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Directly west of Poitiers, and served by regular SNCF buses, the attractive small town of PARTHENAY was once an important stop on the pilgrim routes to Compostela and is now the site of a major cattle market every Wednesday. It's not a place to make a special detour for, but it's worth a stopover if you're heading north to Brittany or west to the sea.

Parthenay has nothing very remarkable to see, though its medieval heart is quite interesting. Rue Jean-Jaurès and rue de la Saunerie cut in through the largely pedestrian shopping precinct to the Gothic Porte de l'Horloge, the fortified gateway to the old Citadel on a steep-sided neck of land above a loop of the River Thouet.

Through the gateway, on rue de la Citadelle, the attractively simple Romanesque church of Ste-Croix faces the mairie across a small garden, which offers views over the ramparts and the gully of St-Jacques, with its medieval houses and vegetable plots climbing the opposite slope. Further along rue de la Citadelle is a house where Cardinal Richelieu used to visit his grandfather, and then a handsome but badly damaged Romanesque door, all that remains of the castle chapel of Notre-Dame-de-la-Couldre. Of the castle itself, practically nothing is left, but from the tip of the spur where it once stood you can look down on the twin-towered gateway and the Pont St-Jacques, a thirteenth-century bridge through which the nightly flocks of pilgrims poured into the town for shelter and security. To reach it, turn left under the Tour de l'Horloge and down the medieval lane known as Vaux St-Jacques. The lane is highly evocative of that period, with crooked half-timbered dwellings crowding up to the bridge.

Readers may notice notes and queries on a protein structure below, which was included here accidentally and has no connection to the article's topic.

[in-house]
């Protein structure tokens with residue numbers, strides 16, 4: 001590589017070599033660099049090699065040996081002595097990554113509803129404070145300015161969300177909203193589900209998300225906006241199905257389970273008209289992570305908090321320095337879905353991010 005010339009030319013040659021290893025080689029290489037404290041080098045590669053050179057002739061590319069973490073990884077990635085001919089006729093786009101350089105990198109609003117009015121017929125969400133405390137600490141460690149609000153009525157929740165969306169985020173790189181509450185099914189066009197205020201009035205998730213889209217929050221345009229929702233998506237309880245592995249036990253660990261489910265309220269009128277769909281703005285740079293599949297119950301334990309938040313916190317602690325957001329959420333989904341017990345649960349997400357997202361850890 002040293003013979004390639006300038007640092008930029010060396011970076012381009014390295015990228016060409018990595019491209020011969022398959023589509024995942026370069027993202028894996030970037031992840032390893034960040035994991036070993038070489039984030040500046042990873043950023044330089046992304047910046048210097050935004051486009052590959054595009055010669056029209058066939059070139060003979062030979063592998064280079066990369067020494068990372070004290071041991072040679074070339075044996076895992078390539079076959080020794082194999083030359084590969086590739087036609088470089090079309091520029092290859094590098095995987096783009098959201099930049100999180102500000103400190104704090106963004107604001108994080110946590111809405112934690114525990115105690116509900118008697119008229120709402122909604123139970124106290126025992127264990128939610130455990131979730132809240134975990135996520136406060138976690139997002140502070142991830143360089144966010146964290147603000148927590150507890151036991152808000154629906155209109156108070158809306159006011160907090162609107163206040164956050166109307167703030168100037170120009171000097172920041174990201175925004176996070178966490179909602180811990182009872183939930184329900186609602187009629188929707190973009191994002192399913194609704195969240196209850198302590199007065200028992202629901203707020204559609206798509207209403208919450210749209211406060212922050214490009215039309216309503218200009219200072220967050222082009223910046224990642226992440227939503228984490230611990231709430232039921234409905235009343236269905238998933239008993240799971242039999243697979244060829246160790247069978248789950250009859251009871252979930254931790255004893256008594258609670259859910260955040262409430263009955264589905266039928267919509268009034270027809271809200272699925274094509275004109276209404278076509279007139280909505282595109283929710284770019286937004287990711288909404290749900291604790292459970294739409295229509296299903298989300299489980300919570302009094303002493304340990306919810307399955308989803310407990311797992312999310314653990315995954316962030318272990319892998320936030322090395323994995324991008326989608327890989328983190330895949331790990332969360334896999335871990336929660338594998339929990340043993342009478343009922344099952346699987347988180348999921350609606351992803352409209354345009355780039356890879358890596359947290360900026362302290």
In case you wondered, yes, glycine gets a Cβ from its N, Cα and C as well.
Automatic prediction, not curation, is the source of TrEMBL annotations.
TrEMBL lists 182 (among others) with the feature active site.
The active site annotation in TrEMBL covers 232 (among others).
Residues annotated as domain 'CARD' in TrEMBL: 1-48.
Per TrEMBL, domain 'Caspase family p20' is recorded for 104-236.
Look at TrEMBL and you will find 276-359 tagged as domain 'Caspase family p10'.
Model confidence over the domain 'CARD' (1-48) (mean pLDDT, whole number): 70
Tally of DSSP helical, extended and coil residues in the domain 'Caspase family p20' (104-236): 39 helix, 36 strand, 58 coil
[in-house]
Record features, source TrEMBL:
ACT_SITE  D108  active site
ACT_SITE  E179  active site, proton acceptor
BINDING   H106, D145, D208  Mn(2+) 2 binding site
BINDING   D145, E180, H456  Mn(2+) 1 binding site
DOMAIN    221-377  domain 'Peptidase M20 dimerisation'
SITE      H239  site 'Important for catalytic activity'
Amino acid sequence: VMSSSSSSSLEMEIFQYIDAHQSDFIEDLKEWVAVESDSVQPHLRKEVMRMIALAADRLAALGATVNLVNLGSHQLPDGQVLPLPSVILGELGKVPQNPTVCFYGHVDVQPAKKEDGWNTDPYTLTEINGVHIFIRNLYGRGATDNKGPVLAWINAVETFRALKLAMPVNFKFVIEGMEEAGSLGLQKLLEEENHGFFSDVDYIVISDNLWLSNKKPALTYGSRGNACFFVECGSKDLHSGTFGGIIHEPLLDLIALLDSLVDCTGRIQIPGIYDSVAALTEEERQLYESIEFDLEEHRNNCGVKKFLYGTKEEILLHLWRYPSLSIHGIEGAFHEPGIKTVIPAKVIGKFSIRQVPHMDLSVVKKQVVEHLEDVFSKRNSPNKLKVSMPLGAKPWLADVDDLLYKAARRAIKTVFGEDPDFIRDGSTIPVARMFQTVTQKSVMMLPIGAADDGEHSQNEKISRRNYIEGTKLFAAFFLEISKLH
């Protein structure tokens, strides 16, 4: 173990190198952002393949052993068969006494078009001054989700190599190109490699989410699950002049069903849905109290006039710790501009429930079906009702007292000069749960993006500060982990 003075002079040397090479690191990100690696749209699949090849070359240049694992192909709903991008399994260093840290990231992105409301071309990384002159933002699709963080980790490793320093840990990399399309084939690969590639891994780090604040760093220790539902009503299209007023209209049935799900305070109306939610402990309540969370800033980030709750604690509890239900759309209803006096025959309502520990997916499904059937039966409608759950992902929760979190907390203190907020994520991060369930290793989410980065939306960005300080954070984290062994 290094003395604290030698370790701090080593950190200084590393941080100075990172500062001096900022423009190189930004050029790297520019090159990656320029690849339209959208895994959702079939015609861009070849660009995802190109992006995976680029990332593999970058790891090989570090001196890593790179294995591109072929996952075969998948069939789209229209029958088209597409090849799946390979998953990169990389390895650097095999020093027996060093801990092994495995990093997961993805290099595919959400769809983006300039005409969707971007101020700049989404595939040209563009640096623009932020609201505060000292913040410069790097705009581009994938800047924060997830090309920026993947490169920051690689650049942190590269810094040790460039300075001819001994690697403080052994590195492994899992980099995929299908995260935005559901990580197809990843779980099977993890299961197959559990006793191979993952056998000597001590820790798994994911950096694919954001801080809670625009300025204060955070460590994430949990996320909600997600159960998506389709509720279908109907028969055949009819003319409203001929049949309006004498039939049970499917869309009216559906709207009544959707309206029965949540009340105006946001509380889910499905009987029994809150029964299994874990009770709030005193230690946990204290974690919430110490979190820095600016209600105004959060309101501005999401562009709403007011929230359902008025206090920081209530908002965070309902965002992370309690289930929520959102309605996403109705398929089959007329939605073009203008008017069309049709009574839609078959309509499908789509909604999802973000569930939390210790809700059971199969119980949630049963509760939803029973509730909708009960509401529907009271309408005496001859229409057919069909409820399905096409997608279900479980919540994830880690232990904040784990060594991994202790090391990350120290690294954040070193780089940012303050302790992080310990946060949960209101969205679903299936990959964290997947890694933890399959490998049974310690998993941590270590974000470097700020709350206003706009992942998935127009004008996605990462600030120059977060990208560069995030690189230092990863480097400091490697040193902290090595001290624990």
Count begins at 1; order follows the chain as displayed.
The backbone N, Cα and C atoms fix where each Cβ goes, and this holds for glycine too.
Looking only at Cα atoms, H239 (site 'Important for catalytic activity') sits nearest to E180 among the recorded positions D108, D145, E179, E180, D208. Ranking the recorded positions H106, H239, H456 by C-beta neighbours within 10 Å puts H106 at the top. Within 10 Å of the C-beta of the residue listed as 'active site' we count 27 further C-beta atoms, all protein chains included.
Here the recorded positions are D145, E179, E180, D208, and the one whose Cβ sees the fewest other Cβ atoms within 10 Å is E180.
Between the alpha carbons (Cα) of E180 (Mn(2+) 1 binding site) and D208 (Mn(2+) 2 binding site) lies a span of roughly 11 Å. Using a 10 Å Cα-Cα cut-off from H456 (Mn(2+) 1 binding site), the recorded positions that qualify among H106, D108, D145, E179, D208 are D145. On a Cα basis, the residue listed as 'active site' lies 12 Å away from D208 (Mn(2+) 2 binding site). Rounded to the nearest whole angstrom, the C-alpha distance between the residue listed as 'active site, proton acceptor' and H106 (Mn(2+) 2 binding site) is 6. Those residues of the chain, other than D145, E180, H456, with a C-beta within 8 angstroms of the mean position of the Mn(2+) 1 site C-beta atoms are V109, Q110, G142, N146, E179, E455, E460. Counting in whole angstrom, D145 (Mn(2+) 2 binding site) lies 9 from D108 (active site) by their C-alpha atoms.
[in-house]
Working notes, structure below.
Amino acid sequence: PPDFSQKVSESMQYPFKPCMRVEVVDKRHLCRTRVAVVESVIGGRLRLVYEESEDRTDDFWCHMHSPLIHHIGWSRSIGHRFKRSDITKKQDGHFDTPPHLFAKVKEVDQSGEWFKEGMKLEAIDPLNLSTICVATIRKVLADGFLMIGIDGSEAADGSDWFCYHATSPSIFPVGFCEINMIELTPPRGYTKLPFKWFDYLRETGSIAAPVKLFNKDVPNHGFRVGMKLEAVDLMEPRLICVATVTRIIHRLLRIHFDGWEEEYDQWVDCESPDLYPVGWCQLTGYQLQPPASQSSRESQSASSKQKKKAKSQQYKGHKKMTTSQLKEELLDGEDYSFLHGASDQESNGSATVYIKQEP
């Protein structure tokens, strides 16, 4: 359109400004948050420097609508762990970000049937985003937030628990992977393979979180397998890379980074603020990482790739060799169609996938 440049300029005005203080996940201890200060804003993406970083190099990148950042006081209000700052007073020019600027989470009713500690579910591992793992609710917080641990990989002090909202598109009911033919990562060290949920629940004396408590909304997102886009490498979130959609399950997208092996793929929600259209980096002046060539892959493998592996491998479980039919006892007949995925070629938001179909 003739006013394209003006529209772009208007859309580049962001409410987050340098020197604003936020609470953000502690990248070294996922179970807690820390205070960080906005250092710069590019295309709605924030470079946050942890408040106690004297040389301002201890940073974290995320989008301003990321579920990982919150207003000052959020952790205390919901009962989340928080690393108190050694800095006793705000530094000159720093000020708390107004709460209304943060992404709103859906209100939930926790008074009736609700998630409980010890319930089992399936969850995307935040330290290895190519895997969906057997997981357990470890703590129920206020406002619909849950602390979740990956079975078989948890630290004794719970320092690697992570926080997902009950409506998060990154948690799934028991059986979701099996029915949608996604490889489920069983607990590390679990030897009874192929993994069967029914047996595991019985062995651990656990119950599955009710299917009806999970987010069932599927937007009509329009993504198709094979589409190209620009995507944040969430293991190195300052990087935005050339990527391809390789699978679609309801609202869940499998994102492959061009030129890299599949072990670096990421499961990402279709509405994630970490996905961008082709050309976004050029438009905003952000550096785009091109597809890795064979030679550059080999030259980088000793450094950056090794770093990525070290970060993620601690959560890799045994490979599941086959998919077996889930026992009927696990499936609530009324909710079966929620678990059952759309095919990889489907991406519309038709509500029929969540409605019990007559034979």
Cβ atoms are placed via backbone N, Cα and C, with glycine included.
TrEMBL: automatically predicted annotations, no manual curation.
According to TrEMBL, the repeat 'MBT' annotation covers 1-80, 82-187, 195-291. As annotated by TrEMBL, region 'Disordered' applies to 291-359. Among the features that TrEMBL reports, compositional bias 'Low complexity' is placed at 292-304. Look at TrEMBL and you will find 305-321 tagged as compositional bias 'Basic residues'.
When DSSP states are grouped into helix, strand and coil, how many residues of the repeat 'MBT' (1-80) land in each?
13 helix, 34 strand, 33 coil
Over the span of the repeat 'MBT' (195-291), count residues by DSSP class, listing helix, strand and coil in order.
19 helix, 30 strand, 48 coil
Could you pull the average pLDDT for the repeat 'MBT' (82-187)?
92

Pages in section ‘Parthenay’: Practicalities, Around Parthenay.

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